I‘m at the LAX airport waiting to board a plane to New York. I’m meeting my publisher, Hachette, to get feedback on the first few chapters of my upcoming book. As I’m waiting to board the plane and frequently checking the weather app on my phone for the storm that’s hitting New York; I crack open Marie Claire magazine and find a great article by psychologist, Samantha Boardman, who discusses the importance of appearance and the snap judgments people make when they first see you.
This is something I spend a lot of time on in the book, which includes a childhood memory that has had a major impact on me. Dr. Boardman is spot-on in her advice and assessment. Here’s a snippet from the article:
People make snap judgements about us based on our appearance, especially when it comes to what we are wearing. But what we wear has meaning beyond what others see; it also affects the way we perceive ourselves.
The symbolic power of clothing became crystal clear to me when I put on a white coat for the first time in medical school. Like magic, I became a doctor before my own eyes. I stood taller, held my head higher, and felt more confident. …I learned that dressing the part can help us rise to the occasion. In fact, there is scientific evidence suggesting that clothing can influence your posture, body language, motivation, and even mood. When you wear something that makes you feel great, the effects may be subtle—the way you tilt your head, your facial expressions—but they matter. …Whatever you do, choose clothes that bring out the best in you, that elevate you, and that make you feel strong and beautiful.
Yes! Presentation is powerful! Presentation is about the impression others have of you, but more importantly how you see and feel about yourself. It’s oftentimes important to dress the part before you feel you can act the part—just as Dr. Boardman needed to wear the white coat before she felt like a doctor. I have seen the same transformation happen in the gym.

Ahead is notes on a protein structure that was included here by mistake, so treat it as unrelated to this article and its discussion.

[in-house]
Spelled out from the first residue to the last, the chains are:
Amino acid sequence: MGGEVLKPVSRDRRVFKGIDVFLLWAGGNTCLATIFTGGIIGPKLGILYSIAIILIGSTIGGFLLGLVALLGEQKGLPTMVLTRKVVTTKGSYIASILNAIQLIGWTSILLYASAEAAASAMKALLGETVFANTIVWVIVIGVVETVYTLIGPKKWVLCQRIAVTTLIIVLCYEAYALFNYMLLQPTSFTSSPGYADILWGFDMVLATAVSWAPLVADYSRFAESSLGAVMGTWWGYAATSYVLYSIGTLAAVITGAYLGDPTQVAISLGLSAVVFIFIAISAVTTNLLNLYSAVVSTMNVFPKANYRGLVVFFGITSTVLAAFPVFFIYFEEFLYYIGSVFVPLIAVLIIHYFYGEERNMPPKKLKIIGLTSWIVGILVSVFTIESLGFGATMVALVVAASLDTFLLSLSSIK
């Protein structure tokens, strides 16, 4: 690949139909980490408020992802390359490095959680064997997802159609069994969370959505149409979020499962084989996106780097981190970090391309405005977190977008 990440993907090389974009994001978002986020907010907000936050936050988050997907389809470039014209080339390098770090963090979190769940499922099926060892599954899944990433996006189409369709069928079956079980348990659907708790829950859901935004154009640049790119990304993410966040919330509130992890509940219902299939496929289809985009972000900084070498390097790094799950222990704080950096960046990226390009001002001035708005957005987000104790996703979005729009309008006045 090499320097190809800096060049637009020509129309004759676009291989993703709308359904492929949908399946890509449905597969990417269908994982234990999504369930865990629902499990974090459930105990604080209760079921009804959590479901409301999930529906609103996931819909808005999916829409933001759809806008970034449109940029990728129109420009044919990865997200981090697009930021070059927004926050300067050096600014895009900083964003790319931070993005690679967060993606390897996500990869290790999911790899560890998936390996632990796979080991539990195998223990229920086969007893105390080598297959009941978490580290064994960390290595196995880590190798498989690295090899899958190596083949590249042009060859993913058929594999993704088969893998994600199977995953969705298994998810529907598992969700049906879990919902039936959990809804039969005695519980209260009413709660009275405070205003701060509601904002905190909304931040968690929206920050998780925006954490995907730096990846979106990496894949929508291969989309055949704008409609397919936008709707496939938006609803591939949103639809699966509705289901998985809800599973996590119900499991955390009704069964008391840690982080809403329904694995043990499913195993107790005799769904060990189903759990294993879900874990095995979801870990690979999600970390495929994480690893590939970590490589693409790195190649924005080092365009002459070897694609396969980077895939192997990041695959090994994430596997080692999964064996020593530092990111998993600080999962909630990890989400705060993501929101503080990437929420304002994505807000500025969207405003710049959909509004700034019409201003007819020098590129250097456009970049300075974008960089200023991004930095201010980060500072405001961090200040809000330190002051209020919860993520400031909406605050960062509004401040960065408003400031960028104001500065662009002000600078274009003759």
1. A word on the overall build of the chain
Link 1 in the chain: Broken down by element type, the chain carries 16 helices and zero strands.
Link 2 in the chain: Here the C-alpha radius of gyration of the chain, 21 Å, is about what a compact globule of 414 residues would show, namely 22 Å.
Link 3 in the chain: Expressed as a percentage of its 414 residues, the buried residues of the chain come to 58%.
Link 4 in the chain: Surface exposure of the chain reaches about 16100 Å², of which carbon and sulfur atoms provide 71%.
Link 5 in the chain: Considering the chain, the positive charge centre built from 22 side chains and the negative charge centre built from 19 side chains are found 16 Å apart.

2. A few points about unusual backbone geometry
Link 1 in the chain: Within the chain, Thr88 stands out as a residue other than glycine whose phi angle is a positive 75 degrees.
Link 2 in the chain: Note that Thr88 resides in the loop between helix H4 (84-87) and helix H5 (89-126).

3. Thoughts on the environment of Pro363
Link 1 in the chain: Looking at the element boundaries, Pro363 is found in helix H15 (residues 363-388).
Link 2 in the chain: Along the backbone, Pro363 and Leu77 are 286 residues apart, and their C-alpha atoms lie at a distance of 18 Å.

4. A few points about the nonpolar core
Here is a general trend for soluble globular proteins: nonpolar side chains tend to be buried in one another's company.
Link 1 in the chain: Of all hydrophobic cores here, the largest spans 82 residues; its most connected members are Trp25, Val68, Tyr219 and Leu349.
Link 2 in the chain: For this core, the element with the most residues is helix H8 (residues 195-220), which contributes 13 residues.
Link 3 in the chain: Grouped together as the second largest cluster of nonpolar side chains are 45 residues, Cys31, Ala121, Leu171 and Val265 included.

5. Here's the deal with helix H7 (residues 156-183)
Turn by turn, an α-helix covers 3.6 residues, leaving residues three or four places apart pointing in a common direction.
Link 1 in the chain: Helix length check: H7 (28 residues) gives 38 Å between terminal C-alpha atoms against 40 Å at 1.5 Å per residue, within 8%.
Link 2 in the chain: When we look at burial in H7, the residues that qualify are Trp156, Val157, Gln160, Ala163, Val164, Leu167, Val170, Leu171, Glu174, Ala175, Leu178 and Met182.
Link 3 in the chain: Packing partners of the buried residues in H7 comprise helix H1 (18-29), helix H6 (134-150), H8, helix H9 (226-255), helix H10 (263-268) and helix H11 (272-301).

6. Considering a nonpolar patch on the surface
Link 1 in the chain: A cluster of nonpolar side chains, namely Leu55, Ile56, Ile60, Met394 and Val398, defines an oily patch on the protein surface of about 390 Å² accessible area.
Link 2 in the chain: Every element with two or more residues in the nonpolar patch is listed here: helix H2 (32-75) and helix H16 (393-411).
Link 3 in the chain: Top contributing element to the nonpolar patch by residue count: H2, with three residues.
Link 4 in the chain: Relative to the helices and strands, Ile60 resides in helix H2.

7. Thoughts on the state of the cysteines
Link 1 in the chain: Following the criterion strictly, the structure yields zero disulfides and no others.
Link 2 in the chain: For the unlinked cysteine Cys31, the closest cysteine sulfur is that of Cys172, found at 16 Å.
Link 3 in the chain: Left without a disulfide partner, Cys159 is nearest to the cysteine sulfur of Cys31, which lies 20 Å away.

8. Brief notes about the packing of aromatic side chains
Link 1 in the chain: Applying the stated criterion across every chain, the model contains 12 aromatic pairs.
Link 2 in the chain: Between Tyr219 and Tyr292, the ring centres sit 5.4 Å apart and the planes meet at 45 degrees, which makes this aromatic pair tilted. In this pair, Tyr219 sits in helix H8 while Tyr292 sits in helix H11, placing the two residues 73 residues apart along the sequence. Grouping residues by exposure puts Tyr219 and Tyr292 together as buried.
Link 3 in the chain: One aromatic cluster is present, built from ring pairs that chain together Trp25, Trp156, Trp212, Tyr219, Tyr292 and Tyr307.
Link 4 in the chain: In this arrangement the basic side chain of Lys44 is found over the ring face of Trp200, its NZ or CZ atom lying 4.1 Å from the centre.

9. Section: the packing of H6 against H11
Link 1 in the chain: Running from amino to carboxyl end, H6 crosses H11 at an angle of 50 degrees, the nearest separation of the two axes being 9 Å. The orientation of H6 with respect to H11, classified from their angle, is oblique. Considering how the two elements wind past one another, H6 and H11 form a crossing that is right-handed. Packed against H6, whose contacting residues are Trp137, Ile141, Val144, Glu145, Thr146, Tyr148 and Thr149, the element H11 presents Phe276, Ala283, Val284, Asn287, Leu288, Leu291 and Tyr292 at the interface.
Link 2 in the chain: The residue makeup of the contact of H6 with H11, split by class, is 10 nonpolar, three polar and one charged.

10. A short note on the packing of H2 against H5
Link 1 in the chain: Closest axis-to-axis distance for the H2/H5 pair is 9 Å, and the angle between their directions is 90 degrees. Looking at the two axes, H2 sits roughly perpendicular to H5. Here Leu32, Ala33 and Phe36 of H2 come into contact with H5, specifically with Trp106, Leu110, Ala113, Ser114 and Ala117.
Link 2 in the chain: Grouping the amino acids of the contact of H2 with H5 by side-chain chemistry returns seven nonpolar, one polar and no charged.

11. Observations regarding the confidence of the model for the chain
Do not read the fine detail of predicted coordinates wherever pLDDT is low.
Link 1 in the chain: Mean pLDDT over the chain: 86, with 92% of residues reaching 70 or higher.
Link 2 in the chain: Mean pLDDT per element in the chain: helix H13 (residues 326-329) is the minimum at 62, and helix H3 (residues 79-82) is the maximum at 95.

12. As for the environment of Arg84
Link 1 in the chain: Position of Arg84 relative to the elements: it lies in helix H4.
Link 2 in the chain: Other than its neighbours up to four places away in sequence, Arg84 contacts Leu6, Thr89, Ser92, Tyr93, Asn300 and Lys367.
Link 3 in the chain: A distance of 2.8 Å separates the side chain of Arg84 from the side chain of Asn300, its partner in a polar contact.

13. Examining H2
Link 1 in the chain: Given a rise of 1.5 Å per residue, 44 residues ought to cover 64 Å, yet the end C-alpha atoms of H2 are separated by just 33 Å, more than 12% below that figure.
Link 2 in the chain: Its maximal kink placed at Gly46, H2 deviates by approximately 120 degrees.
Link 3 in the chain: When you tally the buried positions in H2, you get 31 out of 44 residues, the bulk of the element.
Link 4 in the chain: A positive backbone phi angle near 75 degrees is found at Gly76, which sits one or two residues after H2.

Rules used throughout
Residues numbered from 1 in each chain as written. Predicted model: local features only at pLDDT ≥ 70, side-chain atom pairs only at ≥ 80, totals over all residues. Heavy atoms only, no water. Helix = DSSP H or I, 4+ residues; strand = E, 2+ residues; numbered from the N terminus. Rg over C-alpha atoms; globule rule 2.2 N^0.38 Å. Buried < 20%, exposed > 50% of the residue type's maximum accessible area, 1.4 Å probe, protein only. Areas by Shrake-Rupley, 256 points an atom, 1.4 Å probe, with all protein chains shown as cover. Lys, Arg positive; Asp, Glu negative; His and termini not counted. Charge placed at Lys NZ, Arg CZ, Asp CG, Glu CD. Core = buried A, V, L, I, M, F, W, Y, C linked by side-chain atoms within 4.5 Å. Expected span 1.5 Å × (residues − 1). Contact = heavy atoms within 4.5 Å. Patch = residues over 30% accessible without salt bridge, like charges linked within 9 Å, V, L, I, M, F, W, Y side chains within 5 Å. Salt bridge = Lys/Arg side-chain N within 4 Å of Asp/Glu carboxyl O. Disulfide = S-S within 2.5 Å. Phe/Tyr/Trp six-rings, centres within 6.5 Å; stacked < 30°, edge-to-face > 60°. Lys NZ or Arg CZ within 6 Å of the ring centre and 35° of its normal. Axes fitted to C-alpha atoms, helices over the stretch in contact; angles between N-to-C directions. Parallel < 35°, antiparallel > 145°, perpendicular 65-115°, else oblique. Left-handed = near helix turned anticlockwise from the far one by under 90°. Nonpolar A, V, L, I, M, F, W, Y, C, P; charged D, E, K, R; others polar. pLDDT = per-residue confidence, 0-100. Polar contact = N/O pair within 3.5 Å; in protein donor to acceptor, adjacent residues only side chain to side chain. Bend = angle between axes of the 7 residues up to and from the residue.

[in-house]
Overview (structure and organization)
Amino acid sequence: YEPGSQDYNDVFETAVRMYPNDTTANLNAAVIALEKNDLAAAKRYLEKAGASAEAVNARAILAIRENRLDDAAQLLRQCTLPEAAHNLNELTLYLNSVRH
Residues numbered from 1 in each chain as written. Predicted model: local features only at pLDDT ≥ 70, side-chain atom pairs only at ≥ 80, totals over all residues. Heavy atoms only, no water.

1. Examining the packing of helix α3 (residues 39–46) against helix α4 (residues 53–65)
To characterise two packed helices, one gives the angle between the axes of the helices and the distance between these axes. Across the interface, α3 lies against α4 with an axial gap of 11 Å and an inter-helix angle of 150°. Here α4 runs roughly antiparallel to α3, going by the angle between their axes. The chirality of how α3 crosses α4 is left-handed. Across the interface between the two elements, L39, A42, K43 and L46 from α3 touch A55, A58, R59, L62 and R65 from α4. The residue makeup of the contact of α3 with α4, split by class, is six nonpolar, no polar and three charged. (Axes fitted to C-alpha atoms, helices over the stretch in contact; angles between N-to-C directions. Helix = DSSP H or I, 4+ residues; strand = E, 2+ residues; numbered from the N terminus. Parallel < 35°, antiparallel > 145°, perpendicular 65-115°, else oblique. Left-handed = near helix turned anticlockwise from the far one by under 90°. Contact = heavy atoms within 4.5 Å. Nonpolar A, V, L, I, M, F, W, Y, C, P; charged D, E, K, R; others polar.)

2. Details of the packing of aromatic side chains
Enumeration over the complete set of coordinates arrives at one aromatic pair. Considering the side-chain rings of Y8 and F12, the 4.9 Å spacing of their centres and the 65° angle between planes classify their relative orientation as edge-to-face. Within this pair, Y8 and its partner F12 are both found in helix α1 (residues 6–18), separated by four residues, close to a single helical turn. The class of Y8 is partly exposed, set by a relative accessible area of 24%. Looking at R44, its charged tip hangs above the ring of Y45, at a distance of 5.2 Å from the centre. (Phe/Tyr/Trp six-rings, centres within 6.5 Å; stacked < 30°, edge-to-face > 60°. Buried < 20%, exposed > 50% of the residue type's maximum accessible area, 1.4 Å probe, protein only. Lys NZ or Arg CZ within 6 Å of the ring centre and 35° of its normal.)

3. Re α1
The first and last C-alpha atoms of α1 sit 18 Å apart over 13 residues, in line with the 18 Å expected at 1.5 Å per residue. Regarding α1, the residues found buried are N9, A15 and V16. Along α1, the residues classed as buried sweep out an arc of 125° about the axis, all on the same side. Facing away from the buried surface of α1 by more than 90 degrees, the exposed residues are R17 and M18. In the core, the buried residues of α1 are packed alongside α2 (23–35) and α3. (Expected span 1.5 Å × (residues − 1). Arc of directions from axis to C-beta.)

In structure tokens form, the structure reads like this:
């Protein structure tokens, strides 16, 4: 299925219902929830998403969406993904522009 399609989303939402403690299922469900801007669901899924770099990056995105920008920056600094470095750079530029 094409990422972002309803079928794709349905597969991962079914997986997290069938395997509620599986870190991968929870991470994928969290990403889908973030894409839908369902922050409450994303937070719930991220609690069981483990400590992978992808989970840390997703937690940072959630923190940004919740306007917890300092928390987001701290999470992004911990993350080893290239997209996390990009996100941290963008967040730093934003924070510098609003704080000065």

Last summer I wrote about how Sadiqua Bynum styled her hair into a faux hawk and then into a fully-shaved mohawk to demonstrate the fierce and powerful woman she had become. Her senior year at our end-of-the-year banquet, Sadiqua shared how giving herself a fierce appearance, particularly the mohawk, impacted the way she felt about herself. Sound familiar?
There’s a great expression in fashion that urges the consumer to find the right appearance to become empowered, “Wear the clothes, don’t let the clothes wear you.” You hear actors all the time talk about how the character they’re portraying finally comes to life when they put on the costume. The same applies with our day-to-day attire.
If I want to relax at the end of the day? I put on my super comfortable pajama bottoms and a white men’s Hanes t-shirt. If I want to hit a home run in a meeting with the administration at work? I wear my sharpest outfit. If I were a gymnast—which I’m definitely not—and wanted to own the floor in the middle of UCLA’s Pauley Pavilion? I’d shave a mohawk and crush it. You have to be able to wear the mohawk and not let the mohawk wear you—something Sadiqua did fiercely and flawlessly.
In the next 48 hours I’ll be meeting with my book publisher, a concept designer for Cirque about one of my theatre projects, the President and CEO of the Breast Cancer Research Foundation, the Global President of Pfizer Oncology, the CEO of J.P. Morgan Asset Management, the President of Women In Sports & Events (WISE) chapter in NY, and I’m speaking at American Ballet Theatre. I would love to have six costume changes, but will have to make do with two similarly-crafted power/casual outfits. Casual enough to invite conversation, but sharp enough to exude confidence. I’ll have to pay special attention to my make-up this time around because the rain and humidity are sure to add a Halloween-esque halo of frizz to my overall look. Not exactly the look I’m striving for. #Keep the Intention ~ Scrap the Ego.